How much benefit the non-breaching party did receive from the contract
The extent of performance by the breaching party, and whether any negligent or willful behavior occurred on their part
How likely it is that the remainder of the contract can be fulfilled
Whether there’s a fair and suitable way to compensate the non-breaching party for their losses
If a party can prove that a material breach of contract has occurred, they can typically sue the counterparty for any direct and indirect losses they suffered as a result of this breach.
3. Anticipatory breach of contract
Another type of breach of contract is an anticipatory breach. This is when the breach hasn’t actually happened yet but one of the parties expresses their intention to breach the contract’s terms.
Usually, an anticipatory breach of contract occurs when a breaching party notifies the counterparty about their decision not to fulfill the obligations. This decision can be intentional or because they are physically unable to. But it can also occur when one of the parties’ actions suggests that they won’t fulfill their obligations, without them explicitly voicing this intention.
An anticipatory breach of contract turns into an actual breach once the date certain obligations were due to be performed has passed.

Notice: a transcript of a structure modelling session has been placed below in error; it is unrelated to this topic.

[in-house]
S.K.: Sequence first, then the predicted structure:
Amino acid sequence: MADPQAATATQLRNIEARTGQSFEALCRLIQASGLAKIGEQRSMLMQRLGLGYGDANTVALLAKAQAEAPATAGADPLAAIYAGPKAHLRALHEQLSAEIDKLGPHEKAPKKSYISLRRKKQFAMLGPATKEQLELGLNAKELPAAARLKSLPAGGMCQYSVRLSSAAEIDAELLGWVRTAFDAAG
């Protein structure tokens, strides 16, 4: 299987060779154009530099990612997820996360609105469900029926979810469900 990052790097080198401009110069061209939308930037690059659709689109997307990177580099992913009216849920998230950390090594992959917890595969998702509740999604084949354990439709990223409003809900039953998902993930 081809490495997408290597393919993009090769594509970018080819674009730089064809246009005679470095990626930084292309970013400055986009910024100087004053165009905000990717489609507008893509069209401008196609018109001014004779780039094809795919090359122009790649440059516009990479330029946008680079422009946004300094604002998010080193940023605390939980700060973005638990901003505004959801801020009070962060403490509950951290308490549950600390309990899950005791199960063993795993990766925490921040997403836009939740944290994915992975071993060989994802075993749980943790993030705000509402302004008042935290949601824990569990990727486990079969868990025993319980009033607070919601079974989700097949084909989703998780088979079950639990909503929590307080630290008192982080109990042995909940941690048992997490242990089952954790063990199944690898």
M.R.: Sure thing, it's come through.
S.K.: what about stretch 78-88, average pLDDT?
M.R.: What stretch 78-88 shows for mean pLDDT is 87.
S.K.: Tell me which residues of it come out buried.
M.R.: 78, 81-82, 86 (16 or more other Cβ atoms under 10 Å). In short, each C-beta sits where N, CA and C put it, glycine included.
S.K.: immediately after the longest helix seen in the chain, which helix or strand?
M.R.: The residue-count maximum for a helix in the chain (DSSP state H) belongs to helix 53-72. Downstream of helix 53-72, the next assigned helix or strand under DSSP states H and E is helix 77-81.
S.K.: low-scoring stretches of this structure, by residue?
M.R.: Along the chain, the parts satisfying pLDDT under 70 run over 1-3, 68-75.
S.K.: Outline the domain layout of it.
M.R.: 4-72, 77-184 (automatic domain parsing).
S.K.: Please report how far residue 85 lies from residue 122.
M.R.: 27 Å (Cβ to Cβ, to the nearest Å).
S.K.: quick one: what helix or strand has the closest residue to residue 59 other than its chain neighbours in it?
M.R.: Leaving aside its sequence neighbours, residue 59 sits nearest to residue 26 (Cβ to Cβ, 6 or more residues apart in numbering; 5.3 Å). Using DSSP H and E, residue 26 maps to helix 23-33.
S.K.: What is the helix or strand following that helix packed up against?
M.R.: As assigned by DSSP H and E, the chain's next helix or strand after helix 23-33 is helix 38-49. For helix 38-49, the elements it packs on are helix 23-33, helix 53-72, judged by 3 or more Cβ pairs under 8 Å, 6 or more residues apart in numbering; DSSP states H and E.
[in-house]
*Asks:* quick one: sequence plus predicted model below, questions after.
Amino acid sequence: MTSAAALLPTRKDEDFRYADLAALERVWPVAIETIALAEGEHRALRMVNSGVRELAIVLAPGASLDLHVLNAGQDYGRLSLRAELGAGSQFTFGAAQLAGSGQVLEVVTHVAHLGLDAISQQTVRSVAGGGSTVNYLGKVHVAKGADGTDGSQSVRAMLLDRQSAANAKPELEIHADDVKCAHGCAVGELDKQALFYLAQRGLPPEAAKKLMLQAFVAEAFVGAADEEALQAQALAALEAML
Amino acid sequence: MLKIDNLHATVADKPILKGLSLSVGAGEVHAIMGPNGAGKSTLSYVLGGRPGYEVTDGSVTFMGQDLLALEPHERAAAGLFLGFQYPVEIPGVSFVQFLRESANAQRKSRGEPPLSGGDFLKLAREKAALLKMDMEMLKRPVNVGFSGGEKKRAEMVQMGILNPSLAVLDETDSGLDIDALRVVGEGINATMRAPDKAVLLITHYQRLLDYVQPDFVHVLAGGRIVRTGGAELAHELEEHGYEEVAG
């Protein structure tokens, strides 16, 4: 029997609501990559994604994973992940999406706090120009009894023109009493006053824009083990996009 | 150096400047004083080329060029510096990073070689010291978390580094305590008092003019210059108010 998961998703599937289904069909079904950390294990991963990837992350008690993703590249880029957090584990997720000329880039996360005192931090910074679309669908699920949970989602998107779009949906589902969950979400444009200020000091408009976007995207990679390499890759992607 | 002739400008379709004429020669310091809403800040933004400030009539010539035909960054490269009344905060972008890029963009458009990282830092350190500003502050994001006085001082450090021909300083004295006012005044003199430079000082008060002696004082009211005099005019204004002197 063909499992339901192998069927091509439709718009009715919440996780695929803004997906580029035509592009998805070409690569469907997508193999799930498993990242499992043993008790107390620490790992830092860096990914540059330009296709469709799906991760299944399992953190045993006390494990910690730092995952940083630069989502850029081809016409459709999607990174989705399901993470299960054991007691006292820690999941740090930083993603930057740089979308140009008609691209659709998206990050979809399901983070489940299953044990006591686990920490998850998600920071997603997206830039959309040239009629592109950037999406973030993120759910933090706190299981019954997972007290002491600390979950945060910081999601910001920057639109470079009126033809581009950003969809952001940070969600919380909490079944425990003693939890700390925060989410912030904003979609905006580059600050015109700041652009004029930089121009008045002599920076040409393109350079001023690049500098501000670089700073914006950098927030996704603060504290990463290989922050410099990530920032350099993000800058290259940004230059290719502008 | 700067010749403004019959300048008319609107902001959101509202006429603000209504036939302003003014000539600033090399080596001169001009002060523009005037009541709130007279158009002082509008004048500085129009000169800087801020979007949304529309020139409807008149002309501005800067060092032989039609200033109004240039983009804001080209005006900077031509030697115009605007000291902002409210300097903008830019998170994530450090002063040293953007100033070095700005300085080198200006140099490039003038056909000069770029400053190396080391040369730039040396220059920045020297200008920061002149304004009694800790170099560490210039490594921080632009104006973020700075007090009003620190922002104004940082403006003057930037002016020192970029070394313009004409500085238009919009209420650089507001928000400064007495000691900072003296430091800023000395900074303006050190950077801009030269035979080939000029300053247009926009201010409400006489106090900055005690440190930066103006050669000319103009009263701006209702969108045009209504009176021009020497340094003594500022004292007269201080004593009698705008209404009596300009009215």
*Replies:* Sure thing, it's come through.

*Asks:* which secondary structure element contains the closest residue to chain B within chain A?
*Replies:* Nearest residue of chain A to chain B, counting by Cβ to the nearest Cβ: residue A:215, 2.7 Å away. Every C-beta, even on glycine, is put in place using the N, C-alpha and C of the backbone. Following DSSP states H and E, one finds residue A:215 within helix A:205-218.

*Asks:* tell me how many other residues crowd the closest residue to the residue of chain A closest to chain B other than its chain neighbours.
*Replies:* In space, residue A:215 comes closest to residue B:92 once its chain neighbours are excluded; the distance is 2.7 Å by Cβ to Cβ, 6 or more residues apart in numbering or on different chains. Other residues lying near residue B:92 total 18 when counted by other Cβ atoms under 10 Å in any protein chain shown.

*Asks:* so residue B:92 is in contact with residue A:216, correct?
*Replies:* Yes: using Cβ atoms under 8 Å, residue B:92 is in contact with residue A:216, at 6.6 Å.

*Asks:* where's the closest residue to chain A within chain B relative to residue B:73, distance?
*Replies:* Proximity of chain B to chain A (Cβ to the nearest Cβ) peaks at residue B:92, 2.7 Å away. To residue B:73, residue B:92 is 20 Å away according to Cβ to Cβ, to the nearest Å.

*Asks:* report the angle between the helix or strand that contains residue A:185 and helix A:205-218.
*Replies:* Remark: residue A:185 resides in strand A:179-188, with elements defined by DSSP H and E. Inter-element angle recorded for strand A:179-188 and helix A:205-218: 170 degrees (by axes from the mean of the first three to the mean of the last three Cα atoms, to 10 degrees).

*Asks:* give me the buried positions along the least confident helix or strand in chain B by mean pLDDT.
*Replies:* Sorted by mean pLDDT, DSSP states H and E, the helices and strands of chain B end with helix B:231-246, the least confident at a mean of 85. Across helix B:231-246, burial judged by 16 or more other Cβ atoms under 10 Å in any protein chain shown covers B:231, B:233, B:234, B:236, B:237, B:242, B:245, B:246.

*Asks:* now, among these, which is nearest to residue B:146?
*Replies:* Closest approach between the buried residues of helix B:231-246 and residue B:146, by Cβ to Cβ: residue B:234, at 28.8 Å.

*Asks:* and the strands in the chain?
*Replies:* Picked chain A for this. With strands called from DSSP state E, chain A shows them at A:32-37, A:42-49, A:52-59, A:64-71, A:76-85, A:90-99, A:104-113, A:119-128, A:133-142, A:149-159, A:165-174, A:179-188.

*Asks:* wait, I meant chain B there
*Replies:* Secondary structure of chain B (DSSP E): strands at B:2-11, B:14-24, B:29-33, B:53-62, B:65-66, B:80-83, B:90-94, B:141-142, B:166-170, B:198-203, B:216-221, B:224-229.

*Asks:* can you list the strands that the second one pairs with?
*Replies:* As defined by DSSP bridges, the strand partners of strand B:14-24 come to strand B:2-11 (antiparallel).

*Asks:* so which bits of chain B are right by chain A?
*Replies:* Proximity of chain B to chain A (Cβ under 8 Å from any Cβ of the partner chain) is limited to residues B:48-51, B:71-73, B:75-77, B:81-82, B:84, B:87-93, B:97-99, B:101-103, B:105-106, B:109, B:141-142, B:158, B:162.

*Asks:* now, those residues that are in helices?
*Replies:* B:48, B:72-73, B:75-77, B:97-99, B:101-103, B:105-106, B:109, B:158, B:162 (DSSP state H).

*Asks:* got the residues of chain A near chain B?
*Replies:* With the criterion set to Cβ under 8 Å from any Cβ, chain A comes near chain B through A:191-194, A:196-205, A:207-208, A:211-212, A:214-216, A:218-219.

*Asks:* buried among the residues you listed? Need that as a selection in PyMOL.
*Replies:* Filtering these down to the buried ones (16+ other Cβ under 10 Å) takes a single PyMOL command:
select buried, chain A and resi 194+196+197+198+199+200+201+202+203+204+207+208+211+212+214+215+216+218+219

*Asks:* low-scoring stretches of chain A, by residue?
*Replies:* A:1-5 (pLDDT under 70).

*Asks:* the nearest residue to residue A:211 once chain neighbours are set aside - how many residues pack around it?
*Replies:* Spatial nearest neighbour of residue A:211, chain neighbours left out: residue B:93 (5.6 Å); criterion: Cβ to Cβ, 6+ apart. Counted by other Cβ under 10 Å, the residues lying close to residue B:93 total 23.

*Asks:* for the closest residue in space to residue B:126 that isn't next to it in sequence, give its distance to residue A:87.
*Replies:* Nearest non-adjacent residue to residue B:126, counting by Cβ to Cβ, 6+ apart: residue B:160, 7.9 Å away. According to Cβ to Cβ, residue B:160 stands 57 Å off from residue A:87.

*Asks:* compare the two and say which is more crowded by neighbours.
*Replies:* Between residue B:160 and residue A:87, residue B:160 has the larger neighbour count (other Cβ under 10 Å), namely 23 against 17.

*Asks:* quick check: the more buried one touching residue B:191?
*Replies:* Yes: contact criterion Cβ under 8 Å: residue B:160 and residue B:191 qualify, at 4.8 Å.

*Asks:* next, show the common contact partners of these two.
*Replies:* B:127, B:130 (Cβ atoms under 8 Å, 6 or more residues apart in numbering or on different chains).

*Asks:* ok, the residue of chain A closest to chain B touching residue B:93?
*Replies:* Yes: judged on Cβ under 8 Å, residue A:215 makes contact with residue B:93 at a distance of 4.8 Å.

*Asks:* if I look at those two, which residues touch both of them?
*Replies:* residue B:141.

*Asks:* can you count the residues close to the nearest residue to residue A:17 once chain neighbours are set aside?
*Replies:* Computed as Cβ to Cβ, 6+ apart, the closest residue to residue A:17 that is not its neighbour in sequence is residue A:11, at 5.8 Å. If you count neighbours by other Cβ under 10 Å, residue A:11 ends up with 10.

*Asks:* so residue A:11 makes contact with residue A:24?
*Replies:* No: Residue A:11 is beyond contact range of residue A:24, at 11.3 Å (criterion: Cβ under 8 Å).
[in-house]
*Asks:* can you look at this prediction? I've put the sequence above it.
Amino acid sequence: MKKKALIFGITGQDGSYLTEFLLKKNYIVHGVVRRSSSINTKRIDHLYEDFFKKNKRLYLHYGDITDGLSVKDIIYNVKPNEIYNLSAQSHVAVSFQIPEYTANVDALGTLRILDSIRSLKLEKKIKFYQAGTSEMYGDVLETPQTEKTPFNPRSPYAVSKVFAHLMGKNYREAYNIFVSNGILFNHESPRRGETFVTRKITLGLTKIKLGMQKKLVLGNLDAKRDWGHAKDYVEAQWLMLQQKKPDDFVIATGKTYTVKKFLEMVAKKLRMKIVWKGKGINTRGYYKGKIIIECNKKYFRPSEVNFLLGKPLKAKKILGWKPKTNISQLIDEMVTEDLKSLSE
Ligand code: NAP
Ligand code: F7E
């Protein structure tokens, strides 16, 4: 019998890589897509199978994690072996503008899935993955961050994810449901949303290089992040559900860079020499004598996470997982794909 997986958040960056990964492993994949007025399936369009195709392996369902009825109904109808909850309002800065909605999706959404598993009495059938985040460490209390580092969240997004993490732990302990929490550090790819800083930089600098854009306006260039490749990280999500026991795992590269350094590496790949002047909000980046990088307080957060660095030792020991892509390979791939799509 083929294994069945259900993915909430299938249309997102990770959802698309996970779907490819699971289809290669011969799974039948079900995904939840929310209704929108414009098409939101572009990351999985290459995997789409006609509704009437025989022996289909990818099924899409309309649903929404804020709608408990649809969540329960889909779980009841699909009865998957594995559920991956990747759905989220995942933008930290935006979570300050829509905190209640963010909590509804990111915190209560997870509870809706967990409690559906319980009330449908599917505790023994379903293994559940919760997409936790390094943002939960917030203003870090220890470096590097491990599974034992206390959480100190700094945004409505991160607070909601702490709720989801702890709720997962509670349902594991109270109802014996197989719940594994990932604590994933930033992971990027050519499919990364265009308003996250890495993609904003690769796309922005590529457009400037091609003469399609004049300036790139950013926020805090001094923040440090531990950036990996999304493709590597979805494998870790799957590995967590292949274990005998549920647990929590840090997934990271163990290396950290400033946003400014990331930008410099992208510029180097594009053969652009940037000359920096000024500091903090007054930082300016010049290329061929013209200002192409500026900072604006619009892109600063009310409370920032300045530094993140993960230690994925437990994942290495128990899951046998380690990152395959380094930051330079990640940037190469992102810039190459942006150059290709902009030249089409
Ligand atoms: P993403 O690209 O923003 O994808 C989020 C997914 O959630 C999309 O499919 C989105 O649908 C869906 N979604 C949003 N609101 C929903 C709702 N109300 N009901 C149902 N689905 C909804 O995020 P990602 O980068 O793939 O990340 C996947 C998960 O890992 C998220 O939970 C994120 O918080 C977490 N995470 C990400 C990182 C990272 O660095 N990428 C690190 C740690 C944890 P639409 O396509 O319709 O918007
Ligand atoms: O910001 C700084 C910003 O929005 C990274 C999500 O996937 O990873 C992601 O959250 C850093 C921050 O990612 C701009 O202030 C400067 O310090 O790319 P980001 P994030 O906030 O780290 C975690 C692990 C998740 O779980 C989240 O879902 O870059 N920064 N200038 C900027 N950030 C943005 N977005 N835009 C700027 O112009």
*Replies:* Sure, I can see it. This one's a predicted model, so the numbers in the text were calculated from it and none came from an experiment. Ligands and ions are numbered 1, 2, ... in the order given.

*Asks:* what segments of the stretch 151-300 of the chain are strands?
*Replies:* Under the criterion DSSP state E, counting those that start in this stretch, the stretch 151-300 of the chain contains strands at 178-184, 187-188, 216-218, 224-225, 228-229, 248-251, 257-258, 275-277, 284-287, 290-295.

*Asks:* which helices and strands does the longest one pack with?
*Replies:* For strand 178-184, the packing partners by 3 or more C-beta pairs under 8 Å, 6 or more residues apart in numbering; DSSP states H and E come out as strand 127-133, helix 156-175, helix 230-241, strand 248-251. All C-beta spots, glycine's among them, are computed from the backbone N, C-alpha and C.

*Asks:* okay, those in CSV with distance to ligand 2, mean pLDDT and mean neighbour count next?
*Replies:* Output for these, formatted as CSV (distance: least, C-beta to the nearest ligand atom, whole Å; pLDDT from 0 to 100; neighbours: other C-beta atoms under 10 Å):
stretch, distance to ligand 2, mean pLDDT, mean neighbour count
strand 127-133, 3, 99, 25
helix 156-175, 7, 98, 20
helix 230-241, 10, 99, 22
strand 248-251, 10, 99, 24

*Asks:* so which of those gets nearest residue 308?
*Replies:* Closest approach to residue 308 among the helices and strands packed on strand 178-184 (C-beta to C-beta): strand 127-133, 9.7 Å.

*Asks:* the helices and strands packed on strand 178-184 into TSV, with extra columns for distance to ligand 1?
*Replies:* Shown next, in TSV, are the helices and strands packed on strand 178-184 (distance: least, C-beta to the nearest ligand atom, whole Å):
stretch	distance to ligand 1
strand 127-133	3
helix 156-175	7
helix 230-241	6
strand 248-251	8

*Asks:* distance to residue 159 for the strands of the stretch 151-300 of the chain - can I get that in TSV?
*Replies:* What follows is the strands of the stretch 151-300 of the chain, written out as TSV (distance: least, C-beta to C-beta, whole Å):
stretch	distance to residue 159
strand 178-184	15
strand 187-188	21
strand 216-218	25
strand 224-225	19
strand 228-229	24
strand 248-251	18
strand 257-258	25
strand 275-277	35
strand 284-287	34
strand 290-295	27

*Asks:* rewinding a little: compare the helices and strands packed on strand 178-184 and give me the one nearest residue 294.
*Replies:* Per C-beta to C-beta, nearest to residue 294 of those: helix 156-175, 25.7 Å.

4. Actual breach of contract
An actual breach of contract is used to describe the failure to perform certain contractual obligations after the date they were due, or failure to perform them to a sufficient standard by this date.
Actual breaches of a contract can be either material or minor, and there are usually an array of remedies available to the innocent party depending on the consequence of the breach for their business.
5. Repudiatory breach of contract
The most severe type of contract breach is a repudiatory breach of contract. This occurs when the breach goes to ‘the root of the contract’ and fundamentally undermines the purpose and performance of the contract.
Usually, a repudiatory breach of contract will result in the breakdown of a contract in its entirety, unlike a minor breach of contract. However, that doesn’t necessarily mean that parties will be entitled to terminate the contract in the event of a repudiatory breach. The parties may choose to affirm the existing contract instead.
Consequences of a breach of contract
The consequences of a breach of contract will almost always be feelings of frustration and inconvenience. This is often true regardless of the severity of the breach.
However, the specific consequences of a breach of contract will depend entirely on the nature of the contract, the severity of the breach, and what the parties had agreed in advance.